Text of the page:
A classic Triumph flat tracker from the race director of the Wheels & Waves festival, a Virago influenced by 90s Japanese import culture, and the latest oddity from Lazareth.
Ducati Monster S4 by Barn Built Bikes Whether you leave them stock, sprinkle them with aftermarket parts or really got to town on them, old Ducati Monsters are cool. This 2002 Monster S4 used to fall into the second category; loaded up with bolt-ons, but without any serious fabrication work done. So the crew at Barn Built Bikes in Belgium decided to take it up a level.
Most of the parts that the previous owner had added on came off again, and got sold to fund the rest of the build. The first major undertaking was reworking the fuel tank. Shop boss, Sven, didn’t like the way the OEM unit dipped low at the back—so he cut away the bits he didn’t like, then welded it shut again.
The tank now cuts a cleaner line into the custom-made saddle, and also exposes more of the Ducati’s L-twin motor. The seat sits on a hand-made subframe, that was deliberately designed with sharp angles, to mimic the Monster’s trellis front frame. There’s a new electronics tray under the seat too, packed with a Motogadget m.unit controller.
Up in the cockpit, Barn Built swapped the bars for a set of Gilles Tooling clip-ons, with Magura controls and Motogadget switches, bar-end turn signals and mirrors. The speedo’s a Motogadget part too, and the headlight’s a LED unit.
Finishing this Monster off are a set of Alpina spoked wheels, Rizoma belt covers and a ‘rich java’ brown hue borrowed from Volvo’s swatch book. [More]
Triumph TR6 by Christophe Canitrot M. Canitrot really has a thing for racing old bikes—so much so, that he’s the race director for the popular Wheels & Waves festival, held in Biarritz each year. After two years of racing his first flat track build, a Triumph 500 Daytona with a stock frame, he decided it was time for an upgrade. This Staracer-framed TR6 is the result.
But this project was a struggle from the get-go. Christophe had managed to find a Staracer frame in France, but it took almost two years of negotiating to wrangle it from its owner. Then he had to find a new motor, since the frame was designed for a 650, and not the 500 in his Daytona. Luckily, he found a 1967 TR6R in the US.
A set of Ceriani GP 38 reproduction forks formed the next piece of the puzzle, but they ended up sitting in Christophe’s living room for a year, while he sourced the rest of the parts he needed. Meanwhile, the motor went off to Philippe Fabre (a mechanic Christophe trusts), who returned it with an extra 100 cc and a bunch of race-spec internals.
It runs with a set of Mikuni carbs and K&N filters, and a custom exhaust.
Eventually everything started coming together, and spectacularly so. New rims, a perfectly-tuned cockpit and a classic seat and rear fender setup, and Christophe’s TR6 was starting to look like a pukka vintage racer. As for that stylish yellow paint job, that’s a nod to the BSA B50 MX that he sold a year earlier, and still misses. [More]
Yamaha Virago 750 by WKND Digital x de stijl moto We took a very brief glance at this fresh Virago custom in our One Moto Show report last week. But now more details of the build have surfaced, and we couldn’t resist taking a more comprehensive look at it.
The bike was built by Sean Hogan at Portland’s de stijl moto, for his long time friend Tommy Patterson at WKND Digital. The two grew up skateboarding in California together, and later street racing home-built Honda (cars). So the build drew heavy inspiration from 90s Japanese import culture—hence the Toyo logos on the tires, and the Recaro logo on the seat.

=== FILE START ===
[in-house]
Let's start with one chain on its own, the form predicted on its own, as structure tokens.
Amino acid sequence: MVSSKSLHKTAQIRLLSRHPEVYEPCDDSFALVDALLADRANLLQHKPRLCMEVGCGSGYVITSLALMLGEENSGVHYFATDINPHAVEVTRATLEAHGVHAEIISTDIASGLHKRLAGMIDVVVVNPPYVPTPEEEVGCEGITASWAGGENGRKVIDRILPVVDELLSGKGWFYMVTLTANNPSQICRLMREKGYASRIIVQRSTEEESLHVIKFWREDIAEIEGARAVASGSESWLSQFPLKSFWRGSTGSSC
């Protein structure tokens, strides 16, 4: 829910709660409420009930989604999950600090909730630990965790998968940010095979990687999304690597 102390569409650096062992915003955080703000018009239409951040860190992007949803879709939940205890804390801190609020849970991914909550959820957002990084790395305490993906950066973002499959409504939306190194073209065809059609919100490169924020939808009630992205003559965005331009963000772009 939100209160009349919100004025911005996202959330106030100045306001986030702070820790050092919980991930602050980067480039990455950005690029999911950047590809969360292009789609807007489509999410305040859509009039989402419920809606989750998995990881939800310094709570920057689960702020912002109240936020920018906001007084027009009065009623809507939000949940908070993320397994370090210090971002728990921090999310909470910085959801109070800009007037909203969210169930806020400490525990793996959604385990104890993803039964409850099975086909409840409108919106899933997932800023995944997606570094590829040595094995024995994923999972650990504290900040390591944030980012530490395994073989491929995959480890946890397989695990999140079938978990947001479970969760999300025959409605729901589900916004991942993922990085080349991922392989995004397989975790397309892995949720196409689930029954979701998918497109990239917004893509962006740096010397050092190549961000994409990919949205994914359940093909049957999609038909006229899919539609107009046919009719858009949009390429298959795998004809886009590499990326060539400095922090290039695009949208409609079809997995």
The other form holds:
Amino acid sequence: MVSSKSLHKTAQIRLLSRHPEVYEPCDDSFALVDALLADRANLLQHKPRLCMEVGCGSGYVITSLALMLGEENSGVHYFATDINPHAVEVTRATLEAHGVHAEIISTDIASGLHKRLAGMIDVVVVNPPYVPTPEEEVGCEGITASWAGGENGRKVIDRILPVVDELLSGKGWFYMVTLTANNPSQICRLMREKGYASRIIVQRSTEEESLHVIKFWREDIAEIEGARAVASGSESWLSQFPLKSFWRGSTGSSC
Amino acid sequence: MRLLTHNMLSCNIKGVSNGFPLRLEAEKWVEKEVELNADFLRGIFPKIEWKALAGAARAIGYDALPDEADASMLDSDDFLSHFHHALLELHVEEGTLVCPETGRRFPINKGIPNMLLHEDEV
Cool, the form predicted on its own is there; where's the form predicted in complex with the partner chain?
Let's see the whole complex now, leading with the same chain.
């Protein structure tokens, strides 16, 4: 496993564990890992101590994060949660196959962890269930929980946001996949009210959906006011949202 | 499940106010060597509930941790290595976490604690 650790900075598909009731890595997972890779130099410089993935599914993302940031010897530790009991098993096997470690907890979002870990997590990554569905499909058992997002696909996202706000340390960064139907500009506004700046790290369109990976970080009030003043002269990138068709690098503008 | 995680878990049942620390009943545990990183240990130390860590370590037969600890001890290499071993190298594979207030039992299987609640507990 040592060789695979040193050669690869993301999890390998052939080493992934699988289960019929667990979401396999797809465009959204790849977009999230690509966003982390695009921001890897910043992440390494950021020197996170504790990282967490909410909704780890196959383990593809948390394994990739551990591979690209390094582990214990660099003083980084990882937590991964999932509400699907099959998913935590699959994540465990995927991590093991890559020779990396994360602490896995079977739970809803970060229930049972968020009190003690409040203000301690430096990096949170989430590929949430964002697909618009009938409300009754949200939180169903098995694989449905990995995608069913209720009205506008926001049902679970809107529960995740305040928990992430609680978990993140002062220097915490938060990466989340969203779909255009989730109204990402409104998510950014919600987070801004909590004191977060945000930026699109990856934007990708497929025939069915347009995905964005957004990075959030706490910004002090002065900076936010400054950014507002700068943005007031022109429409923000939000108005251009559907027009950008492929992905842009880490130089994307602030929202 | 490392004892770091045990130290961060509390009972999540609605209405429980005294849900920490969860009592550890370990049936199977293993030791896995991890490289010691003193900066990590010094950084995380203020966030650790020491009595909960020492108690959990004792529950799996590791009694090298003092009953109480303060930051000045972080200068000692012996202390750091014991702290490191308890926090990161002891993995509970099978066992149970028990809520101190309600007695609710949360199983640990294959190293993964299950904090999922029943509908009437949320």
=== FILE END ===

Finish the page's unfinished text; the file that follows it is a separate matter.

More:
There’s a ton of handcrafted goodness tying the Virago together. The trellis swing arm is custom, designed to accommodate the wider rear wheel from the second-gen Virago. It’s hooked up to a Yamaha R6 shock, and there’s a set of R1 forks up front, with a Cognito Moto top yoke.
The rear subframe is naturally custom too, as are the rear-set mounts and battery box. The bike was rewired around a Motogadget controller, with a Lithium-ion battery, and a couple of components from Revival Cycles. Most of the wiring runs through the actual frame.
Sean also rebuilt the motor, and hooked up a single carb intake manifold from Virago Performance, with a Mikuni TM40 carb. The exhaust system consists of pie-cut headers, that exit via two under-seat carbon fiber mufflers. It’s undeniably one of the sharpest Virago customs out, and a reminder that there’s still life left in Yamaha’s venerable V-twin. [More]
The Lazareth LM 410 Leaning Quad We’ve come to expect borderline ridiculous designs from Ludovic Lazareth, and his new LM 410 doesn’t disappoint. Lazareth hasn’t released full technical details of this other-worldly machine yet, but here’s what we know so far…
The LM 410 has four wheels, it’s powered by a 998 cc Yamaha R1 motor, and it looks absolutely bonkers. It’s also going to be produced in very limited numbers (only ten), and will set you back €100,000 (that’s around $108,470).
The design is pretty close to a previous concept from Lazareth—the Maserati V8-powered LM 847, which debuted at the 2016 Geneva Motor Show. But that version proved to hard to make properly road legal, so Lazareth’s toned it down to build the LM 410. He says the new version is now lighter and more manageable, but it still looks like a handful to us.
Like the 847, the 410 uses a tilting mechanism that allows the wheels to maintain full contact with the road, even on an incline. It’s over-the-top for sure, but it’s also really fascinating, and something we’d love to experience at least once. [More]
Published at Sun, 23 Feb 2020 17:01:32 +0000